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Chapter 8 — Letterfrack

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Physical abuse


Another variety of punishment which was confirmed by individual respondents was that boys were required to run around the yard as punishment. Br Michel described it thus: That did happen. What I can remember was if a boy, if a mature chap ran away, absconded, the Manager would say “give him a while running around the yard.” It happened during break times it didn’t go on for terribly long, a few days maybe ... it would be during play time and there was always a Brother in the yard during playtime, therefore he would be supervised. The rest of the students would be there as well.


A witness described how one Brother imposed a punishment on a group of boys, who were due to go swimming, because one misbehaved: On the way across the yard somebody booed and when we all got to the door to lead up to the dormitory he asked who booed, nobody would own up to who booed so he sent us across to the boot room, which was on the other side of the yard and we had to take off our sandals at the time, because it was the summertime, and put on our Wellingtons. We were made to run around the yard, everybody ran around the yard until we could run no more. That was it we just left – no swimming.


Another witness described how Br Noreis directed boys to write down the names of those who engaged in sexual activity, and punished them as a group, if sufficient information was not given, by depriving them of the Saturday night film: Everyone got a sheet of paper and a pencil and we were told to write down if we knew of any boys who had been, shall we say, sexually active with any other boy. Well, I always wrote the same thing down; I don’t know what you mean. This always went on a Saturday night. You always missed out on the cinema, because that was the one day that we had a movie. After all these boys had done whatever writing they were doing the paper was collected and we were all sent off to the dormitories, and for the rest of the night you could hear the screaming where boys who had misbehaved were dragged down in their night clothes and flogged by Br Noreis. That went on quite often.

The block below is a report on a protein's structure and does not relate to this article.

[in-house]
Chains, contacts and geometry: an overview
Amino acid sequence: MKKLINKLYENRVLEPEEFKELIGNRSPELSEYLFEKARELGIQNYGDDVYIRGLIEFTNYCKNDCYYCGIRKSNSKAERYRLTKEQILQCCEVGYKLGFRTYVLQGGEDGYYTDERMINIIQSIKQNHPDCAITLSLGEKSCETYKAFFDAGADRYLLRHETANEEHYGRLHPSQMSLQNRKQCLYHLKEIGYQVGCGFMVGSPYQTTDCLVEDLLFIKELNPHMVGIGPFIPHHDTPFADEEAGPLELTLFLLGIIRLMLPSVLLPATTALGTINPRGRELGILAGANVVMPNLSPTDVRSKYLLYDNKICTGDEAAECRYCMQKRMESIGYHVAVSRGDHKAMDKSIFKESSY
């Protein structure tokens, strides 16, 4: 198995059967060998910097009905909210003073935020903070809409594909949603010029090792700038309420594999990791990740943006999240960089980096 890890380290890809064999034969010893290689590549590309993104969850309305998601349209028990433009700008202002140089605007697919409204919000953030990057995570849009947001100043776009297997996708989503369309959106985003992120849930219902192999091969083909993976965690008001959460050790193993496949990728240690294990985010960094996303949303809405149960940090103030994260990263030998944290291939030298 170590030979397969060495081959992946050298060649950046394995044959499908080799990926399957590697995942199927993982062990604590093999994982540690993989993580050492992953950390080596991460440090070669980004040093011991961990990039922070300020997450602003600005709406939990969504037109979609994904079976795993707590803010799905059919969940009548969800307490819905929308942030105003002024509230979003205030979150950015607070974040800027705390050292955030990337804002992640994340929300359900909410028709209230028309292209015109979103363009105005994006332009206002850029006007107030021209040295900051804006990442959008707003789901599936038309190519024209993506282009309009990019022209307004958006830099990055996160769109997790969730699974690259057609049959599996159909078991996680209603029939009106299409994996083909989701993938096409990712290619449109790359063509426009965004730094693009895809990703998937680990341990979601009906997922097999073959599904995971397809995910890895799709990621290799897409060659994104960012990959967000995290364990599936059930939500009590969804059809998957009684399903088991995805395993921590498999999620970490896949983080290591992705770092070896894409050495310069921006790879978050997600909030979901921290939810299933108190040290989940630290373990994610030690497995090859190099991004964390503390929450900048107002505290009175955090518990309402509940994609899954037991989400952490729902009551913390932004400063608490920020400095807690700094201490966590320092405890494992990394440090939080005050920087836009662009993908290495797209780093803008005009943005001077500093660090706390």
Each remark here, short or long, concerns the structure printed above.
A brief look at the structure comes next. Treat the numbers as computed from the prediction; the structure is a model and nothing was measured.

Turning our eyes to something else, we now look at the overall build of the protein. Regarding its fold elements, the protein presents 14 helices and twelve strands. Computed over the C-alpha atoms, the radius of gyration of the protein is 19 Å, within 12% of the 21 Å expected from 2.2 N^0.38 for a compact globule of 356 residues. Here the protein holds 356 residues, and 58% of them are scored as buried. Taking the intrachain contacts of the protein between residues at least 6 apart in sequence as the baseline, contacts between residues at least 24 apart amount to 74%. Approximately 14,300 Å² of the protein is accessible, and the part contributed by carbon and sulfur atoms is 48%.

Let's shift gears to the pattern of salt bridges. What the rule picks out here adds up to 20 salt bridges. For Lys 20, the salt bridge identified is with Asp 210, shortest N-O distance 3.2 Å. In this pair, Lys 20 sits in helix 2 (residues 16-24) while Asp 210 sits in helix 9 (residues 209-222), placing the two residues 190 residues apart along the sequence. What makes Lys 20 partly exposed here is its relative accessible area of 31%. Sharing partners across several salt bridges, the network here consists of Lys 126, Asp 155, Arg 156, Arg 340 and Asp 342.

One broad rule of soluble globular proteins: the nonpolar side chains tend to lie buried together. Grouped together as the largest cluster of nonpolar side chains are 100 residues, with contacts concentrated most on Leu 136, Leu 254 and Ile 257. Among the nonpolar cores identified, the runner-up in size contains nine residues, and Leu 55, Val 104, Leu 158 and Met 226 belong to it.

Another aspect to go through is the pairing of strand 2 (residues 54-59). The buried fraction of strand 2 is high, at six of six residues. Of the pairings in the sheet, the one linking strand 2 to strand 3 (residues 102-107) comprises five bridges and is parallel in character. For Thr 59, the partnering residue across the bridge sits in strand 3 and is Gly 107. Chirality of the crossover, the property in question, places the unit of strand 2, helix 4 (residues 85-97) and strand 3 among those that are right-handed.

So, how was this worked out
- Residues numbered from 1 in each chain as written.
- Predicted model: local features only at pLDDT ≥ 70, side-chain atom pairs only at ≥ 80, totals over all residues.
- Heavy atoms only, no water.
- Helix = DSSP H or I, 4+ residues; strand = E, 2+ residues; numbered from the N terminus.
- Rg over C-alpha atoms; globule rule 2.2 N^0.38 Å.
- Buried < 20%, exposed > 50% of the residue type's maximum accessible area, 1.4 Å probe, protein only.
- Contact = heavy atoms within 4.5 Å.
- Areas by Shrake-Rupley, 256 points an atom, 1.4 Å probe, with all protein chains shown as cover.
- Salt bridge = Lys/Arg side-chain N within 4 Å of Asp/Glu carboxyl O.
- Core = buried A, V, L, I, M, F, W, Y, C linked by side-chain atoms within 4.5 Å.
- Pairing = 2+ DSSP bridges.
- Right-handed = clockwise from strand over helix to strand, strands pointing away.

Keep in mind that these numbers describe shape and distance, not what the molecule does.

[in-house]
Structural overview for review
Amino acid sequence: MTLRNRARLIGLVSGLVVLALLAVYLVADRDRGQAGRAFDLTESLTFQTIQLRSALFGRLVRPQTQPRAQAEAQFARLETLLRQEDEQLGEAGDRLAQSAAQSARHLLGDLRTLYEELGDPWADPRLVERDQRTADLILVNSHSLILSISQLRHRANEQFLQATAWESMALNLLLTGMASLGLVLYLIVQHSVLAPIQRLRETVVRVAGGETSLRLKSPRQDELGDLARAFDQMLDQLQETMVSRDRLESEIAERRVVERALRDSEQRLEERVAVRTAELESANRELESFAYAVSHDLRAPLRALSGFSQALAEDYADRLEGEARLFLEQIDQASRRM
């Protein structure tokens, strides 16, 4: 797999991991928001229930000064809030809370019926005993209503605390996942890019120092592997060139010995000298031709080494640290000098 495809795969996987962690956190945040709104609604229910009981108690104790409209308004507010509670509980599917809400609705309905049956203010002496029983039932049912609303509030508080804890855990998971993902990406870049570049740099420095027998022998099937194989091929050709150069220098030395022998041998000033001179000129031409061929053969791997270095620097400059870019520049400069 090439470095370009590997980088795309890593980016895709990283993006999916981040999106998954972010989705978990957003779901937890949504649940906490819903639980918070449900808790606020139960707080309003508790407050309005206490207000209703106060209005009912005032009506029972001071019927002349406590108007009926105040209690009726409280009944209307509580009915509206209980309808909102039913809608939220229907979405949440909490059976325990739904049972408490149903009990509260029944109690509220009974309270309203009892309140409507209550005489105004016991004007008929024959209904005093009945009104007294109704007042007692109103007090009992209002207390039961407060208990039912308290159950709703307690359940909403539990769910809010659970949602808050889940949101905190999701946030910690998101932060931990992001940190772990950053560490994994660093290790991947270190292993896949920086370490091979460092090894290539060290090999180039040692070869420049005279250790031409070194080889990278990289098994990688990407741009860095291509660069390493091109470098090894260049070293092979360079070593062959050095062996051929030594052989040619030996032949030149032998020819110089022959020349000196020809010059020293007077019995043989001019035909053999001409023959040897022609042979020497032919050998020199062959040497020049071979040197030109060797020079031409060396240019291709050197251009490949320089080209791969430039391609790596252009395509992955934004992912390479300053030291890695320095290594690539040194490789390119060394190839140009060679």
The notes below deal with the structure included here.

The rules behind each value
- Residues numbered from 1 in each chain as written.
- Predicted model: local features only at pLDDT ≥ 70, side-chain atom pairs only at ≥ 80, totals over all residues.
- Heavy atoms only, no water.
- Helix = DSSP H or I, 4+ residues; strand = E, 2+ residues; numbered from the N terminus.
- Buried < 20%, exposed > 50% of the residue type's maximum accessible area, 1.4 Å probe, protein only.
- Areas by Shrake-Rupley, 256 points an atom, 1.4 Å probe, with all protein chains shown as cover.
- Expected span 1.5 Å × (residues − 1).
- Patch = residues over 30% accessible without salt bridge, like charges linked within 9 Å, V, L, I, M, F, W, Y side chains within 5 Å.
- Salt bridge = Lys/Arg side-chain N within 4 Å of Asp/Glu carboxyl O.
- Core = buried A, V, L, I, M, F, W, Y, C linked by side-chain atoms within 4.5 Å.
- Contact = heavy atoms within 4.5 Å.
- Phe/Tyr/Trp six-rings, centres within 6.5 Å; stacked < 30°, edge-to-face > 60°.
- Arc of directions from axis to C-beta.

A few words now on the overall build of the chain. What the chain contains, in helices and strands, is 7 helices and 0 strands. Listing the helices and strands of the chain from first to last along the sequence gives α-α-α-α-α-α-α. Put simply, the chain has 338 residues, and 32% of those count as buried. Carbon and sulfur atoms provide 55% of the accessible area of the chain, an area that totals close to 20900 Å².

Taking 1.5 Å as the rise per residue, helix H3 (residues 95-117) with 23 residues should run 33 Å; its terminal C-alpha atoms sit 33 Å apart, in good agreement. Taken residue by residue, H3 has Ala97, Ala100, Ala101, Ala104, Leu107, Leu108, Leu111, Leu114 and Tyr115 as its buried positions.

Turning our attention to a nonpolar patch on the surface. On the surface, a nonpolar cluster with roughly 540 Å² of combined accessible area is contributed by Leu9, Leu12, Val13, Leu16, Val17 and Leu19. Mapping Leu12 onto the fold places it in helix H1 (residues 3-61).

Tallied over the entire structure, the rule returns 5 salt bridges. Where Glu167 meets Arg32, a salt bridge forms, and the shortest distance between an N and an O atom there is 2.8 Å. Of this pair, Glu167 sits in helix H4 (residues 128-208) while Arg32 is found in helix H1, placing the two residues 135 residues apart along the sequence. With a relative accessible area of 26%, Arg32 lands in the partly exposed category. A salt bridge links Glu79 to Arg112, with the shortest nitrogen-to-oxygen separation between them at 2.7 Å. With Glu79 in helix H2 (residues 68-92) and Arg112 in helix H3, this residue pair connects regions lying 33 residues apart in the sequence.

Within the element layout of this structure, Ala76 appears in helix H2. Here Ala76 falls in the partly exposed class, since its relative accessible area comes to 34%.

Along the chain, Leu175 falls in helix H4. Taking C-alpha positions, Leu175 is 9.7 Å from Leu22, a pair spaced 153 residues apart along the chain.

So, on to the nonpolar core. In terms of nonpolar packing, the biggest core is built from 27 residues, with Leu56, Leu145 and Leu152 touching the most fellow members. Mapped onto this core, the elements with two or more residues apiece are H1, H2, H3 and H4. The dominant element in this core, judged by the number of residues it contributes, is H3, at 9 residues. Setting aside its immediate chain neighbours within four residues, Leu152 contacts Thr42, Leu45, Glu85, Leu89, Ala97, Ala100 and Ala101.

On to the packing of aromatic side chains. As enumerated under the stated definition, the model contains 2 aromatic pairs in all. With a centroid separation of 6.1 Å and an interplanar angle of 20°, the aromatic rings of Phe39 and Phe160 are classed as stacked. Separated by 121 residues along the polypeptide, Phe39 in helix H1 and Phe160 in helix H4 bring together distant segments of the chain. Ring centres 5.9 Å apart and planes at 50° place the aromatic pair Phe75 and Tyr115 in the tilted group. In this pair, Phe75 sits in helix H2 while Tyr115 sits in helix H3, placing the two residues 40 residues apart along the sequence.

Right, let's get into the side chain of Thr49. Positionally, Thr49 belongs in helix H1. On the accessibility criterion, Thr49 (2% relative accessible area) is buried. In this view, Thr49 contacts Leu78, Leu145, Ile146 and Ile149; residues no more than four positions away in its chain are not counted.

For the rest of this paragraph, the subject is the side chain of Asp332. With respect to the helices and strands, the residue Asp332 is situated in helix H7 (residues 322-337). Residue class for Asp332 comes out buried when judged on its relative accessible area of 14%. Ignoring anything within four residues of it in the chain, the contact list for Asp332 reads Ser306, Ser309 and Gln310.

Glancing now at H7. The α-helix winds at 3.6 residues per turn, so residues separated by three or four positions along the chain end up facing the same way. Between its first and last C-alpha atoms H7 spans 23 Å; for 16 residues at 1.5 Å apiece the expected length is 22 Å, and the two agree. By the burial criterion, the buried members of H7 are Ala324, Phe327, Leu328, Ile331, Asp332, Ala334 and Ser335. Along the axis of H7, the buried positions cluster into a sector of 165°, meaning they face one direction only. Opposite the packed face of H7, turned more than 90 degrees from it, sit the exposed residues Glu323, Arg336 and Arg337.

Another witness had his head shaved and was ‘sent to Coventry’ for a period that was to end when his hair grew back: what they decided to do instead of giving me a beating, they decided to cut all my hair off and keep all the other kids from speaking to me until it was grown back, and that is the way I remember Letterfrack.


The witness described how the other boys treated him: They weren’t allowed to speak to me, as I say, until my hair grew back, and then when I would be walking around the yard and that, the ball would be kicked – if they were playing football, the ball would be kicked at me, I would be ducking. I was never hurt by a ball or anything like that.


This lasted until his hair grew: ‘I don’t know how long but it felt like an awful long time’.


Another former resident explained: There was two things down there that you had to be aware of, was the bare and the baldier. The baldier was getting your hair cut off and getting it on the bare was getting it on the bare bum.